A story of love and understanding set amidst the tensions and uncertainties of the days immediately following the Japanese surrender at the end of World War II. On the staff of General Douglas MacArthur (Jones), the de facto ruler of Japan as Supreme Commander of the occupying forces, a leading Japanese expert, General Bonner Fellers (Fox) is charged with reaching a decision of historical importance: should Emperor Hirohito be tried and hanged as a war criminal? Interwoven is the story of Fellers' love affair with Aya, a Japanese exchange student he had met years previously in the U.S. Memories of Aya and his quest to find her in the ravaged post-war landscape help Fellers to discover both his wisdom and his humanity and enable him to come to the momentous decision that changed the course of history and the future of two nations.
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Emperor Theatrical Review
Opening this weekend Emperor brings a film based on a true event that brought closure to the war in the Pacific during WWII. Questionable writing, direction and acting, the historical drama threads a romantic tale inside this biopic that tends to distract rather than add to the historical meetings between General McArthur and the Emperor of Japan. Not at all what I expected, the movie misses its mark in the essence of the plot putting a damper on the real importance of the event.
In the nearly destroyed Tokyo just after the surrender of Japan, the next step is retribution on the leaders of the country that attacked the United States bringing them into World War II. Emperor Hirohito's (Takatarô Kataoka) considered a war criminal so the USA plan centers on getting the information that will convict him of wrong doing and have him suffer consequences. Since the Emperor's people are ardent followers and a mass retaliation to his conviction would cause more bloodshed, McArthur (Tommy Lee Jones) must get to the bottom of his involvement so he can make a case. General Bonner Fellers (Matthew Fox) gets the assignment to investigate the Emperor because of his knowledge of the country and knowing the language.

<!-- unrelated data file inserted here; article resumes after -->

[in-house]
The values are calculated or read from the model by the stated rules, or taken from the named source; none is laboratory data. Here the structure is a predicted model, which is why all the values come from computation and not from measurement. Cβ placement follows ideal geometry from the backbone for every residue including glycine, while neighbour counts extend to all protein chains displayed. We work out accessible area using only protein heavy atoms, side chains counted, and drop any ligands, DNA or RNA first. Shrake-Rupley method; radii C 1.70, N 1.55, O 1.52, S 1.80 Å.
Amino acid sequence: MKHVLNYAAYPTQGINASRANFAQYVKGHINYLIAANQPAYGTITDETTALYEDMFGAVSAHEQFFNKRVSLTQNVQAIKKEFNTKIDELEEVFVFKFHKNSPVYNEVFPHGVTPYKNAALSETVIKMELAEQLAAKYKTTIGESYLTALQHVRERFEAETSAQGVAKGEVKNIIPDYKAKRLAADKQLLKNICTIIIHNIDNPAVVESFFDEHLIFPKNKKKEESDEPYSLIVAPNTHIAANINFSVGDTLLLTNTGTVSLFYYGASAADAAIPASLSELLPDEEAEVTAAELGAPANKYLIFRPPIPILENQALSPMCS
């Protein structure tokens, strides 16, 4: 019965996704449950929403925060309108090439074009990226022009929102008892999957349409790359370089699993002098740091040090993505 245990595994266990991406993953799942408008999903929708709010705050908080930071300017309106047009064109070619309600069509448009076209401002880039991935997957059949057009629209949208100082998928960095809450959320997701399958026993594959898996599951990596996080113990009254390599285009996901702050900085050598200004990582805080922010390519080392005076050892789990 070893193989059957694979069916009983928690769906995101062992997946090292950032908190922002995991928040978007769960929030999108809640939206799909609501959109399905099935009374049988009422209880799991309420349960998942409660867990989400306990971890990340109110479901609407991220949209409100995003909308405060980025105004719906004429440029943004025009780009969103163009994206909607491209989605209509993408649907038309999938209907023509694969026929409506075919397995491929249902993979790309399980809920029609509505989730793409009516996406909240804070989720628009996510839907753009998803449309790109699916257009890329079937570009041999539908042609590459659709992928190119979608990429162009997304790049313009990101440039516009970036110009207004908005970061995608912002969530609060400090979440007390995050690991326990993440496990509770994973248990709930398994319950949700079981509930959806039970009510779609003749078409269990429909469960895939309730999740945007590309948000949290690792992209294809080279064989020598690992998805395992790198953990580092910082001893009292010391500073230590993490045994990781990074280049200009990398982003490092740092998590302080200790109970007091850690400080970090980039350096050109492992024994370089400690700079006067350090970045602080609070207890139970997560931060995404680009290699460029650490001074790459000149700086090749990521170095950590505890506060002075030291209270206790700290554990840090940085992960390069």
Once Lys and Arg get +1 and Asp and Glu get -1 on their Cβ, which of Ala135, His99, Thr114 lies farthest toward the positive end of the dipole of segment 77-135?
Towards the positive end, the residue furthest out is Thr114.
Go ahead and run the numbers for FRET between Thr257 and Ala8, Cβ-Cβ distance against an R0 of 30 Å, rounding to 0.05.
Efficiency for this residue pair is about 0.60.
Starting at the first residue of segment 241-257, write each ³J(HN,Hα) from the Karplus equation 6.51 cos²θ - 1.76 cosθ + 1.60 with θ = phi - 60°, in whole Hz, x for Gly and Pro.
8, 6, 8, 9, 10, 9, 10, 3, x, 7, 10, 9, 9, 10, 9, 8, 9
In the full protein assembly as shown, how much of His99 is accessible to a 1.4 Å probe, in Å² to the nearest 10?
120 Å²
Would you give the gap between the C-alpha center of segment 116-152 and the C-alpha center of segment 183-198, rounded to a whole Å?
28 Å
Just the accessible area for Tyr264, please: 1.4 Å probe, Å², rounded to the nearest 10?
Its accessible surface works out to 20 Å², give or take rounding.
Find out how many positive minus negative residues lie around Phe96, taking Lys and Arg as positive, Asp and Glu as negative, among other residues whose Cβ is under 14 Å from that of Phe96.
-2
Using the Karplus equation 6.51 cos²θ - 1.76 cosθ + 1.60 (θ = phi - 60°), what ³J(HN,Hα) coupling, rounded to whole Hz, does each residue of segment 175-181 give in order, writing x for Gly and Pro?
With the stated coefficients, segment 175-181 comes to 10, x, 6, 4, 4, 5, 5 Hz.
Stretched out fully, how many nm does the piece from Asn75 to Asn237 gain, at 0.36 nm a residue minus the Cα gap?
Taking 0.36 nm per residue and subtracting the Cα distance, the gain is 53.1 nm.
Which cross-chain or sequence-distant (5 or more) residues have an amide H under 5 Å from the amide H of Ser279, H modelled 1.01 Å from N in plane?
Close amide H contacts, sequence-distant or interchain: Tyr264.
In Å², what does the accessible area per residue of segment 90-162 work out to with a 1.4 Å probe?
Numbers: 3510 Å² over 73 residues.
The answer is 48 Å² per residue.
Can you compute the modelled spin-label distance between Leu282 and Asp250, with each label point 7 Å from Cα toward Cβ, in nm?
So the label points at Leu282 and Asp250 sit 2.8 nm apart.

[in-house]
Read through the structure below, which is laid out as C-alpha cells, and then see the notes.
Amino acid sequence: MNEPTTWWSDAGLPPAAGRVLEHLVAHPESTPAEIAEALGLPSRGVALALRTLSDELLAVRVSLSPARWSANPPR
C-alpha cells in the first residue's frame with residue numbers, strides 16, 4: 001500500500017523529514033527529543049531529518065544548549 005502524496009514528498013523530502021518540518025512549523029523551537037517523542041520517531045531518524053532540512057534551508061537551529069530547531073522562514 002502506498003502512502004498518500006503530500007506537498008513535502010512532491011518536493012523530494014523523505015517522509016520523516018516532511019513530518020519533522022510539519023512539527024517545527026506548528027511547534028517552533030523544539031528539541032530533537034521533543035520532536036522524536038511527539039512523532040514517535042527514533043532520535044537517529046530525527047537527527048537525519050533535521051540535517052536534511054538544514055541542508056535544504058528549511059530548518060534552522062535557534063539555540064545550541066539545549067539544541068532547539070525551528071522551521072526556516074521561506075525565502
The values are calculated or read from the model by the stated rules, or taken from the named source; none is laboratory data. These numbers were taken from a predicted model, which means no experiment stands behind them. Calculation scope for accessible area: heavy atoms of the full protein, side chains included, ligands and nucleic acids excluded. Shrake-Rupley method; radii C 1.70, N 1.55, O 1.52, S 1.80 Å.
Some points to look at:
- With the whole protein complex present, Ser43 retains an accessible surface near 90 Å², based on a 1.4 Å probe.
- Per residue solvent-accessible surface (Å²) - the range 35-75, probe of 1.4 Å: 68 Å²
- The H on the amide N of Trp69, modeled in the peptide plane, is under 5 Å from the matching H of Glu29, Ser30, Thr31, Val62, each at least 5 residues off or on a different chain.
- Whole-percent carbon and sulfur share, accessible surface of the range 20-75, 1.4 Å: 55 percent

Intertwined within the movie we find Fellers flashing back to a time when he was in college and meets Aya (Eriko Hatsune) a Japanese woman. The two have a romantic relationship and Aya leaves suddenly to go back to her Japanese homeland. A few years pass and he arrives in Japan on a fact finding mission just one year before war breaks out. When things take a negative turn after a visit with Aya, Fellers leaves Japan for his Unit and so starts a hidden conflict between his assignment and the girl with whom he has been obsessed.
Director Peter Webber rambles making his slow moving film go off course and creating two films in one. The actual historical reason the military is in Japan constantly battles between the charges against the Emperor and a love story, neither looking vital enough to make the film realistic. His attention to the real urgency of getting the dope on Hirohito becomes insignificant as proven by the lack of screen time of McArthur, his haphazard approach to the assignment, his demand for the face to face meeting in the hands of one man, and his anger that he must meet a deadline set by General Eisenhower. This entire historical candor takes only 15-20 minutes of the nearly two hour film. The rest of the movie labors on whether Fellers will find his true love, his conflicting feelings for Japan and becoming the protagonist in spite of the outcome.
The film has been rated PG-13 by the MPAA for violent content, brief strong language and smoking. There is also some actual archival footage of the dropping of the Atomic Bomb on both Hiroshima and Nagasaki as a prelude to the movie. However, Tokyo which is the setting for the film was never touched by ‘The Bomb' yet we do see the destruction of the air raids on the city that left it in ruins.
FINAL ANALYSIS: What should have been and could have been never happens. (C )
-- John Delia
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